Security bells ringing over virtualization


Virtualization is proving to be a technology of choice for certain cost-saving initiatives, but industry observers are sounding the alarms on the security realities of a virtual enterprise.

It’s the nature of the threat landscape: attackers move where emerging technology moves. As virtualization increasingly gains momentum in the enterprise, it will start to become the target of new security threats, cautioned Neil MacDonald, vice-president with Stamford, Conn.-based market research firm Gartner Inc.

“Many organizations mistakenly assume that their approach for securing virtual machines will be the same as securing any OS (operating system) and thus plan to apply their existing configuration guidelines, standards and tools,” said MacDonald.

While that might be a good starting point, it will not provide sufficient protection for virtual machines, he explained.

Gartner also pointed out that the tools and technologies for addressing security issues with virtualization are either “immature or non-existent.” As a result, the firm predicts that through 2009, 60 per cent of production-level virtual machines will be less secure than their physical counterparts.

In its latest Internet Security Threat Report (ISTR), a compila-tion and analysis of IT security activities worldwide, Symantec Corp. cited virtualization-related security attacks as among the trends to watch for in the near future.

“Virtualization, in a lot of instances, is being touted as a security solution,” said Dean Turner, executive editor of the ISTR. He warned that as adoption of virtualization increases new attacks will be developed that will target virtual environments with the goal of compromising host systems.

There is, however, merit to the argument that virtualization can, in some ways, benefit security, said John Sloan, senior research analyst at London, Ont.-based Info-Tech Research Group.

Virtualization is the process of creating virtual instances of operating systems running on a single — but usually powerful — hardware. A software layer runs on top of the hardware which enables the creation of virtual machines. The virtual instances, therefore, are isolated from the physical layer running underneath it.

“There is some positive potential there for security in a sense that if some malicious agent is targeting a server that is running a certain software, they can’t really gain control of the physical machine because that (targeted) software is actually running on a virtual machine,” explained Sloan. The attacker, in essence, would only succeed in corrupting the virtual instance and not the physical machine.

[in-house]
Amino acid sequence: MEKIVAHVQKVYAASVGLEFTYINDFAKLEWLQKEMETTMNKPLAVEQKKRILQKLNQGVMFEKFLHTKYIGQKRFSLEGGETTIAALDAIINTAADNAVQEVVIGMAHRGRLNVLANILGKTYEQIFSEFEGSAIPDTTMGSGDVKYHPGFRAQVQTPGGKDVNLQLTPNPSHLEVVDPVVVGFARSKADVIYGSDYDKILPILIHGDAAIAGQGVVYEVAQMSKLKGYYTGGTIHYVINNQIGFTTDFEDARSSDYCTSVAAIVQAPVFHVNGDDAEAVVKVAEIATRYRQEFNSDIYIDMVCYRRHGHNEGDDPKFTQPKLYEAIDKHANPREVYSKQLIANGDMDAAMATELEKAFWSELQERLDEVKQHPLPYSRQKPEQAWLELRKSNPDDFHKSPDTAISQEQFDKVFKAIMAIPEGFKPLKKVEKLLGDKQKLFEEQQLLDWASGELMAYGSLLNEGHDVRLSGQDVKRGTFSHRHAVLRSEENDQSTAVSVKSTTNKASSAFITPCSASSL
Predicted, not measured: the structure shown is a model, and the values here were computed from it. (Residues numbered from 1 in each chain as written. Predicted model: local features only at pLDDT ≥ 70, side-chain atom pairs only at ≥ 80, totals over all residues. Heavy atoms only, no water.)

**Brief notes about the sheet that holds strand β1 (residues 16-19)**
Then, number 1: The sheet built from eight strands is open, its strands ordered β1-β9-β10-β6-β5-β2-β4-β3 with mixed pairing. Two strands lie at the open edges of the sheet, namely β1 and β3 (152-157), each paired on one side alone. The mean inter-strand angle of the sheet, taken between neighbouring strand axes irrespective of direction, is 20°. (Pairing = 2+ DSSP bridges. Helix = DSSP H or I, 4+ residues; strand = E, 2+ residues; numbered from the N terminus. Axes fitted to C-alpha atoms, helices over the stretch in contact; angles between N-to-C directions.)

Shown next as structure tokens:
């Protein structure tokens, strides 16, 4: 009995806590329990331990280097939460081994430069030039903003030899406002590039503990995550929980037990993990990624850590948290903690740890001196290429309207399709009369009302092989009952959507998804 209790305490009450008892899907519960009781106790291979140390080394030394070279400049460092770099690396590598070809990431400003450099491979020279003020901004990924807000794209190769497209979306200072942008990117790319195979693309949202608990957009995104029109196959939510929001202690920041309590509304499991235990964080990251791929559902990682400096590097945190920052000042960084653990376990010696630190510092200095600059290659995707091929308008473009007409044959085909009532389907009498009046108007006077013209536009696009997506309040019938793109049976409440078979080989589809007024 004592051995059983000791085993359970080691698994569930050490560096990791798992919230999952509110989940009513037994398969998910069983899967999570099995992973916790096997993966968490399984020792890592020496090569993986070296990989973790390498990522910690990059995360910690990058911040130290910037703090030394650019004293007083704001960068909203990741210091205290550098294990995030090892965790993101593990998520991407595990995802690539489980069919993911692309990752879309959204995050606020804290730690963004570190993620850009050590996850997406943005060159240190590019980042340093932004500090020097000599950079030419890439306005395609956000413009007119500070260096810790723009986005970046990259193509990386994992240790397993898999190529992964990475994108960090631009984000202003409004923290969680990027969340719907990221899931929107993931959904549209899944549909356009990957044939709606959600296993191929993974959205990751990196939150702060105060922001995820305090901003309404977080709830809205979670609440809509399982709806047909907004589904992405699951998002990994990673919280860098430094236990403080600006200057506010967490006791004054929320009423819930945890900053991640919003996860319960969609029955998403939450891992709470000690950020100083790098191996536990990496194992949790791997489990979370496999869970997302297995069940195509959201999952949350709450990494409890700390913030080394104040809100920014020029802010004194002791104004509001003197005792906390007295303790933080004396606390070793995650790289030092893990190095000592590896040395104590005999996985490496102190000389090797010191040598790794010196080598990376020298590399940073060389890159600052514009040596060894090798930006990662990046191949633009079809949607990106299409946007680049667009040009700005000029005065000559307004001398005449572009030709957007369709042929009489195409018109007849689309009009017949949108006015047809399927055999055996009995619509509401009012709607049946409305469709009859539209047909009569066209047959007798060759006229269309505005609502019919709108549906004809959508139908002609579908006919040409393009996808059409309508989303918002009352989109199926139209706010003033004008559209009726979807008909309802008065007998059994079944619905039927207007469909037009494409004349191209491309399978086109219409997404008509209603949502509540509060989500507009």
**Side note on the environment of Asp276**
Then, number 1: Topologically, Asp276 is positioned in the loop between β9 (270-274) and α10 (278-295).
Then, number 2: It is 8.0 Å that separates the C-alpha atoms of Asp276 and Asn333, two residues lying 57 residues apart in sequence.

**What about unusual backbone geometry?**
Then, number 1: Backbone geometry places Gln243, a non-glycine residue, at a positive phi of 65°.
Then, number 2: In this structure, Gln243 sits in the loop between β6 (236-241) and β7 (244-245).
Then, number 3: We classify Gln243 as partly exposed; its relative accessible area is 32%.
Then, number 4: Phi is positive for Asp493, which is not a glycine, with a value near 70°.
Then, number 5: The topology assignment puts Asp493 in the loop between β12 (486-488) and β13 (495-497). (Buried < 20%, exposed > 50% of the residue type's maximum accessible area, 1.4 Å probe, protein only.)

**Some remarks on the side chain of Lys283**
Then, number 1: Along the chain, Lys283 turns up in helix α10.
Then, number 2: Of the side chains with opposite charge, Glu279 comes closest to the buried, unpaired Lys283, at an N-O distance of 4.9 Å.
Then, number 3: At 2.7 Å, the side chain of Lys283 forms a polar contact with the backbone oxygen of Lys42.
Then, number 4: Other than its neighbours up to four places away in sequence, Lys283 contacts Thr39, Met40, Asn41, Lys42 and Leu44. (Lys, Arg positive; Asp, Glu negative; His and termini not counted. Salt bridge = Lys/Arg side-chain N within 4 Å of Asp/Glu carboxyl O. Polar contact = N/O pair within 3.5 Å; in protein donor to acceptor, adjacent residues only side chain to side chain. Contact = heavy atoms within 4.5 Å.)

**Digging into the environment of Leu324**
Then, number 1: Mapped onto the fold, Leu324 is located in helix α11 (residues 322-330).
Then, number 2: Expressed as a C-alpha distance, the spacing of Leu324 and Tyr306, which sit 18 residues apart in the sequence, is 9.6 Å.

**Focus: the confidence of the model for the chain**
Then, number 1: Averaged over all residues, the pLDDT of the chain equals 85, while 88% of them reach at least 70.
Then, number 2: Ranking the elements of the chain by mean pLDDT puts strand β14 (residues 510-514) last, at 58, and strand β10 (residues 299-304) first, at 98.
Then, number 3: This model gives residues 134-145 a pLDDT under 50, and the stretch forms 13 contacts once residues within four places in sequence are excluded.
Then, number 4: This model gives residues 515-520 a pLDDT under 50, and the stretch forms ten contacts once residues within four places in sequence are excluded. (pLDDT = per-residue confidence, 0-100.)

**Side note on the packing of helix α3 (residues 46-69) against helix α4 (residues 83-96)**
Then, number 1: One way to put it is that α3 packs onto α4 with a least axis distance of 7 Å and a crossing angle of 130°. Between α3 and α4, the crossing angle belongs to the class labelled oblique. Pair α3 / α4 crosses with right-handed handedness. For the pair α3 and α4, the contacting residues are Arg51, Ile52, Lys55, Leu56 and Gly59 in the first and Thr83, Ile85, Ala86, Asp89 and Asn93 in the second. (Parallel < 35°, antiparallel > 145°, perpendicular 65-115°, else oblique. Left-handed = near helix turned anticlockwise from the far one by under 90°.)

Recovery from such an attack is also faster than if an attack would occur on a physical server. The administrator can simply take down the virtual machine, remove the threat and restart a new virtual instance from a clean template, said Sloan.

The threat emerges if an attacker manages to gain access to the OS that’s hosting all the virtual machines from the physical box. Theoretically, by compromising the host OS an attacker can take down all the virtual machines running on that system, or create a new virtual machine that can do the attacker’s bidding, the Info-Tech analyst said.

Gartner analysts suggest that companies considering virtualization deployment should start planning for security prior to implementation – ideally, prior to vendor and product selection so that “security and securability can be factored into the evaluation and selection process.”

“Organizations need to pressure security and virtualization vendors to plug the major security gaps,” said MacDonald. He added that while existing virtualization products address some of these gaps, “it will take several years for the tools and vendors to evolve, as well as organizations to mature their processes and staff skills.”

The realization of the security risks associated with virtualization, however, may not be top-of-mind yet among enterprise security managers because the enterprise market is not “seeing a lot of implementations of virtualization,” according to Francis Ho, executive committee member of Toronto-based Federation of Security Professionals (FSP).

FSP is an association of enterprise IT security practitioners providing continuing security training and seminars for Canadian IT security professionals.

“[Companies] have not wholly bought into the virtualization space just yet,” said Ho.

However, from a security standpoint, Ho said that firms considering virtualization “have to think of the reasons why you’re doing it other than cost savings.”

For organizations that have implemented or are considering implementing virtualization, the concern is not typically about whether the technology would make them less secure, but more about the implications to the security management aspect of administration, said Info-Tech’s Sloan.

“[Administrators] still have physical machines that are…going to have to be secured as always, but now they are going to have a whole bunch of virtual machines running on top of that, and that represents a new layer that has to be secured, which is going to make [their] security management that much more complicated,” he explained.

Gartner recommends that in implementing virtualization, companies should consider such security issues as patching and signature updates for virtual machines, protecting virtualization software as it becomes a new target of attacks, and security policies for mobile virtual machines.

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